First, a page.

Garside R, Britten N, Stein K. The experience of heavy menstrual bleeding: a systematic review and meta-ethnography of qualitative studies. J Adv Nurs. 2008 Sep;63(6):550-62. [29 references] PubMed External Web Site Policy

Geidam AD, Lawan ZM, Chama C, Bako BG. Indications and outcome of abdominal myomectomy in University of Maiduguri Teaching Hospital: Review of ten year. Niger Med J. 2011 Jul;52(3):193-7. PubMed External Web Site Policy

Ghazizadeh S, Bakhtiari F, Rahmanpour H, Davari-Tanha F, Ramezanzadeh F. A randomized clinical trial to compare levonorgestrel-releasing intrauterine system (Mirena) vs trans-cervical endometrial resection for treatment of menorrhagia. Int J Womens Health. 2011;3:207-11. PubMed External Web Site Policy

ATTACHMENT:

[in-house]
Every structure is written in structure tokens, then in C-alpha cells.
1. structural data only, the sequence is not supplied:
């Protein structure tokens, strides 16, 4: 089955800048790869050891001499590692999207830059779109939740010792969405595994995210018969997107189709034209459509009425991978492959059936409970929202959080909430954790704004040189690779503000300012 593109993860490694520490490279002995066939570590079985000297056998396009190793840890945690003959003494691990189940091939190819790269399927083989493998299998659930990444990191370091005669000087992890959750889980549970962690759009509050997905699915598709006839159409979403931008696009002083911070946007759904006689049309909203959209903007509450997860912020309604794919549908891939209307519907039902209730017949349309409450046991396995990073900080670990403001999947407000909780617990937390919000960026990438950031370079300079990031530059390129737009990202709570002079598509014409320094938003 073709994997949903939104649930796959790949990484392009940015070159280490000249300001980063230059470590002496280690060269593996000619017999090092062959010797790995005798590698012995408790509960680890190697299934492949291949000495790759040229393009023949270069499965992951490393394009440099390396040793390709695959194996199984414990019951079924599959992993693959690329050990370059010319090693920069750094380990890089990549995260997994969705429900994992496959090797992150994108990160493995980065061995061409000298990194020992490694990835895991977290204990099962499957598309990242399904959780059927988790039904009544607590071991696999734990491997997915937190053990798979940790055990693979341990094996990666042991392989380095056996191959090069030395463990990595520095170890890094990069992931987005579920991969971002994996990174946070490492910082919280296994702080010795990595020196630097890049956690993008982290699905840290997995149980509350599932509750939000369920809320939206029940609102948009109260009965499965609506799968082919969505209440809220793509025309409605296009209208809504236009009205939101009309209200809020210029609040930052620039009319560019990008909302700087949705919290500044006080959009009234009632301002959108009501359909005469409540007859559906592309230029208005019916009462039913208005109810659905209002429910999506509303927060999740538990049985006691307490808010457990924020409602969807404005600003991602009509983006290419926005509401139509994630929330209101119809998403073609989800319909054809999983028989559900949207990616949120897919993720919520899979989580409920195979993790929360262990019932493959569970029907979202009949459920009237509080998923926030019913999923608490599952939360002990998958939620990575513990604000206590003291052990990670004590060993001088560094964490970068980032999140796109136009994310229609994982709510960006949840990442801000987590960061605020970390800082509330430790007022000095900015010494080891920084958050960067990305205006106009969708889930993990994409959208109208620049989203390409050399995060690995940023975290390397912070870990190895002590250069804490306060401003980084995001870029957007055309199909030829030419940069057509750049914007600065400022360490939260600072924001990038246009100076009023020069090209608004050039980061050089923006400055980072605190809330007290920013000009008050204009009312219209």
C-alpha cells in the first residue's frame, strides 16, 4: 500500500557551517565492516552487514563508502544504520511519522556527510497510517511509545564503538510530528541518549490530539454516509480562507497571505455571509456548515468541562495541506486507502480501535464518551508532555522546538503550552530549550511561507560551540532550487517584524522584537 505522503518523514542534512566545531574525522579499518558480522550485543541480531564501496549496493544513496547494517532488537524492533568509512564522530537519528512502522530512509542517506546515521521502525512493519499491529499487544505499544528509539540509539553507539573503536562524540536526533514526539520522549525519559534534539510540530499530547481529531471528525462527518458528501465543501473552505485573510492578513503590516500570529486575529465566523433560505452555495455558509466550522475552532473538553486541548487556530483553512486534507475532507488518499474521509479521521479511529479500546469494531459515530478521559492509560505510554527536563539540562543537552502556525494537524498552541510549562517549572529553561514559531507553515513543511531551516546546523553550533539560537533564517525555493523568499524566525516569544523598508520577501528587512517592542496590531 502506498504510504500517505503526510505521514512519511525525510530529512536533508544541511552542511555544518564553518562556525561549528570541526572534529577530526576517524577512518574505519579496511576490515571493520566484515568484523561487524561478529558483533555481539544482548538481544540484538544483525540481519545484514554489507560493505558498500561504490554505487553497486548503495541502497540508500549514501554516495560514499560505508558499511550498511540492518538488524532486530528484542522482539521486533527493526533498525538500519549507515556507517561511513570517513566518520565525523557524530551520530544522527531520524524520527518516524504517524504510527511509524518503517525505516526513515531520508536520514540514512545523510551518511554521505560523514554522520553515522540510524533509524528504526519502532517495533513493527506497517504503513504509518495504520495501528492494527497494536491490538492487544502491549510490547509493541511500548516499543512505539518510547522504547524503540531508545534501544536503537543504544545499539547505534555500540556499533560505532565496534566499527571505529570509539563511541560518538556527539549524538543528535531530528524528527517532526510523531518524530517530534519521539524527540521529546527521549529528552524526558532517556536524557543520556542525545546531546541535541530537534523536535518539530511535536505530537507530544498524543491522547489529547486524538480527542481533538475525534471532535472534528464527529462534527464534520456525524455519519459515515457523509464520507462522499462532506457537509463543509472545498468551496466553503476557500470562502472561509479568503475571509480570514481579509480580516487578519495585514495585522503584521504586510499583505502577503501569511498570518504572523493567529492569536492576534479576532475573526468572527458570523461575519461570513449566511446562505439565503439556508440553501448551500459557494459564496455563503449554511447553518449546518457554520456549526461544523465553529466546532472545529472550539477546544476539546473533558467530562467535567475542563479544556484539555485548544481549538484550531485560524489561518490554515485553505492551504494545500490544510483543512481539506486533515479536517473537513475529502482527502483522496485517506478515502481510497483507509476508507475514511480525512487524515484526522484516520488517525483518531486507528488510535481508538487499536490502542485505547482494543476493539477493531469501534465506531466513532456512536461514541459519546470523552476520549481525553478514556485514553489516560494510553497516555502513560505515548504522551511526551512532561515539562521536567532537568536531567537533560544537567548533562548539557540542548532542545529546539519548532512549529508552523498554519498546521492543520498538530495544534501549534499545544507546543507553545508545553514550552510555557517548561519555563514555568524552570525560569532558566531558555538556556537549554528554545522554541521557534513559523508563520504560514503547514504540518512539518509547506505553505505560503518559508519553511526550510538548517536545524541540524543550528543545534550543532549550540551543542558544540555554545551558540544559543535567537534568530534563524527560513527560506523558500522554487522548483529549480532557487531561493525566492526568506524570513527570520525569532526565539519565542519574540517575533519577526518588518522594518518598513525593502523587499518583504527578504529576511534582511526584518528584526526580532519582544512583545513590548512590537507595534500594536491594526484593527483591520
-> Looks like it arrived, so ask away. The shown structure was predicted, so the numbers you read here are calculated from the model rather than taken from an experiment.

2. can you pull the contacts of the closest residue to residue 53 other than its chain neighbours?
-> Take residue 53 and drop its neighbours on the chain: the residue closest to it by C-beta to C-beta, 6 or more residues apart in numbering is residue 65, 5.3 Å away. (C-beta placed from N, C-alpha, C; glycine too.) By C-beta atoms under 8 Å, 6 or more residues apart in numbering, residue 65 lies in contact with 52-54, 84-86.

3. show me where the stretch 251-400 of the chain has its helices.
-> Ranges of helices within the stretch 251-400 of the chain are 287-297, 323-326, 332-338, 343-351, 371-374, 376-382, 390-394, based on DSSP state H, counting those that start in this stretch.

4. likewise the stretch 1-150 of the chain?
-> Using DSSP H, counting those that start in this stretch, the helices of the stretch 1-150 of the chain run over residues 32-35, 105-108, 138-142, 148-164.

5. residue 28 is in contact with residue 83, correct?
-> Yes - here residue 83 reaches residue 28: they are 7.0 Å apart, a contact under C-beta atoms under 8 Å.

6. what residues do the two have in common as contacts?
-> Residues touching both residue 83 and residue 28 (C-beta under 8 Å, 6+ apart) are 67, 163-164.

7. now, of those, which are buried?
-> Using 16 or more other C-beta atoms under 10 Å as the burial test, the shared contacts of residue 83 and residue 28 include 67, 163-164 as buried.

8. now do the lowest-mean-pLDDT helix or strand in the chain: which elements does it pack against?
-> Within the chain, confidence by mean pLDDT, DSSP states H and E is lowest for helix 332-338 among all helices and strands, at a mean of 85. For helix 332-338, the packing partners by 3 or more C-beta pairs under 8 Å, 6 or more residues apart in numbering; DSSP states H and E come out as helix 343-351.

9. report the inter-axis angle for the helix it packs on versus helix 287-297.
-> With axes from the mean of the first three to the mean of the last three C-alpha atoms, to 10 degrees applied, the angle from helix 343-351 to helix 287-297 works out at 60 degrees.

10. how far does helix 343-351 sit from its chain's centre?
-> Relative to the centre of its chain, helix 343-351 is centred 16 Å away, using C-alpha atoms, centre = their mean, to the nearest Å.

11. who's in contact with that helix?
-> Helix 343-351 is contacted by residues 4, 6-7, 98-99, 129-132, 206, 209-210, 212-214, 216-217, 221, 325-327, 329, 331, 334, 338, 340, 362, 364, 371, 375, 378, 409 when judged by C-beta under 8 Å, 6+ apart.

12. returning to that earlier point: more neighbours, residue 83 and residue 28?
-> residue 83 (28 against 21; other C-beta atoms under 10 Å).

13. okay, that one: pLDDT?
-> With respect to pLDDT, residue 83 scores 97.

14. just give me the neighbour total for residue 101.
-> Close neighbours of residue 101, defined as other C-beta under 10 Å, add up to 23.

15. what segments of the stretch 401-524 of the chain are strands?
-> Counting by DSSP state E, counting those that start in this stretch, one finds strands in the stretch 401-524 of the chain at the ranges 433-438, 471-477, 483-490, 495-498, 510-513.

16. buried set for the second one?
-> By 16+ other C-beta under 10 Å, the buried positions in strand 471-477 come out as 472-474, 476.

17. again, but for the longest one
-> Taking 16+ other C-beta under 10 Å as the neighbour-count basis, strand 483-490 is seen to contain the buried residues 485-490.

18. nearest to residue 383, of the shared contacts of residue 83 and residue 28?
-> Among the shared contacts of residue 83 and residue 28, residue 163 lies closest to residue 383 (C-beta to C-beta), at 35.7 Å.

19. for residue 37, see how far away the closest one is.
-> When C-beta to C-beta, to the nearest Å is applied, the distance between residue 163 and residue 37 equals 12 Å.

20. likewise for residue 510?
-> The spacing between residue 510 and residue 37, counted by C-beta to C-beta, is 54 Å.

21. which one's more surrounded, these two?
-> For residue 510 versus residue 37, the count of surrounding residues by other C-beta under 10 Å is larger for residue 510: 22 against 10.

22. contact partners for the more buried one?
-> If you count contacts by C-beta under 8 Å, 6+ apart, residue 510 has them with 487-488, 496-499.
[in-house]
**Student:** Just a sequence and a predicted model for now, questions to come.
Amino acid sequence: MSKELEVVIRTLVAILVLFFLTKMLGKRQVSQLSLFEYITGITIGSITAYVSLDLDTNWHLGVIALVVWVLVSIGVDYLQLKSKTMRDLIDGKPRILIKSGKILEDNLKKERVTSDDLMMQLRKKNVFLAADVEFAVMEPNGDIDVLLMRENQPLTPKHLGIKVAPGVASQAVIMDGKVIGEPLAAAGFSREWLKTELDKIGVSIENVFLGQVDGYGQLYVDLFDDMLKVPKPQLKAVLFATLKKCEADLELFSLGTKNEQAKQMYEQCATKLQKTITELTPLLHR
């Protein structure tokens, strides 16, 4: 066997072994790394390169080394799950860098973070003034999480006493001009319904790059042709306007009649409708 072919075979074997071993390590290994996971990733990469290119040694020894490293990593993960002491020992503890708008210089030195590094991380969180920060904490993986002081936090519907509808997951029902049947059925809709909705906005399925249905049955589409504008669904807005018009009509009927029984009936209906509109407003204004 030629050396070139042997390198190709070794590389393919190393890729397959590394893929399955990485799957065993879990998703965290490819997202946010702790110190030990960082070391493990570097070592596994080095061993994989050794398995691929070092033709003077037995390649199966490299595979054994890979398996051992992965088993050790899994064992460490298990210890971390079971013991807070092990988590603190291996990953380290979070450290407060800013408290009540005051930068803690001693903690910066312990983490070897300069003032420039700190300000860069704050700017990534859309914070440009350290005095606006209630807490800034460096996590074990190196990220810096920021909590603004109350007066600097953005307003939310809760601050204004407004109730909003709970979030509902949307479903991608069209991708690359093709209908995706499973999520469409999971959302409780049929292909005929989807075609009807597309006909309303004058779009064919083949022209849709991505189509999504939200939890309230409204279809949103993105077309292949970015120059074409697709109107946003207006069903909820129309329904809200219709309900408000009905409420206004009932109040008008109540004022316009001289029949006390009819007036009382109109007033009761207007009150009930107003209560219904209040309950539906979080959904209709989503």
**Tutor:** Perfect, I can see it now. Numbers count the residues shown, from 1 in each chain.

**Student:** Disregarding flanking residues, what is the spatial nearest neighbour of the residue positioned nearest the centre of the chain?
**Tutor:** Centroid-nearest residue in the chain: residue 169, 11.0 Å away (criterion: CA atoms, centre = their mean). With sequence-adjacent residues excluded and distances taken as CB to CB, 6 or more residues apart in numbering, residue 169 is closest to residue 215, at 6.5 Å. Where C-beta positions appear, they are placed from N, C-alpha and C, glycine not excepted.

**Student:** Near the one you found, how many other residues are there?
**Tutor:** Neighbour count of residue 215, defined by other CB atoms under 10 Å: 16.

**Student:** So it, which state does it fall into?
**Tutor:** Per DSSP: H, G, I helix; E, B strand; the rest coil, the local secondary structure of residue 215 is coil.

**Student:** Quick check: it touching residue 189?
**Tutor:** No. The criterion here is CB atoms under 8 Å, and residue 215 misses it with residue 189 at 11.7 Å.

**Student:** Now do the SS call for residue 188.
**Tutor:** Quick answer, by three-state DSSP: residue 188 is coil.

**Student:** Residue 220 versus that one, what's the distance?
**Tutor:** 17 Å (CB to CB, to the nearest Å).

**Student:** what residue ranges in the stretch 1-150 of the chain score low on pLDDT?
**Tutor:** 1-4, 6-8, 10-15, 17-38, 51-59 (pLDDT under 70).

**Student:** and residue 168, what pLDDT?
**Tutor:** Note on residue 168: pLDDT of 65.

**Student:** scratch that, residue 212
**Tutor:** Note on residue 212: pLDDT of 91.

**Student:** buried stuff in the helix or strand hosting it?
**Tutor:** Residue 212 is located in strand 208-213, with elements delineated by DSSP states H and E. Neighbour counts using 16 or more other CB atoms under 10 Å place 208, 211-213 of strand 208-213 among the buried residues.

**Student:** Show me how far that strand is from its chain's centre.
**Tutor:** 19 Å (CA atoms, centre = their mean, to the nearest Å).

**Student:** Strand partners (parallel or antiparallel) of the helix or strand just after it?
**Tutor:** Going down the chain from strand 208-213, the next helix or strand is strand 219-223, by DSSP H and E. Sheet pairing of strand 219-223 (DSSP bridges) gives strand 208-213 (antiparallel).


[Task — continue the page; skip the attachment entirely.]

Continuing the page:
Heikinheimo O, Gemzell-Danielsson K. Emerging indications for the levonorgestrel-releasing intrauterine system (LNG-IUS). Acta Obstet Gynecol Scand. 2012 Jan;91(1):3-9. PubMed External Web Site Policy

Hurskainen R, Grenman S, Komi I, Kujansuu E, Luoto R, Orrainen M, Patja K, Penttinen J, Silventoinen S, Tapanainen J, Toivonen J. Diagnosis and treatment of menorrhagia. Acta Obstet Gynecol Scand. 2007;86(6):749-57. PubMed External Web Site Policy

Kiley JW, Shulman LP. Estradiol valerate and dienogest: a new approach to oral contraception. Int J Womens Health. 2011;3:281-6. PubMed External Web Site Policy

Lethaby A, Cooke I, Rees MC. Progesterone or progestogen-releasing intrauterine systems for heavy menstrual bleeding. Cochrane Database Syst Rev 11. 2010;1-62

Lethaby A, Farquhar C, Cooke I. Antifibrinolytics for heavy menstrual bleeding. Cochrane Database Syst Rev 11. 2010;1-39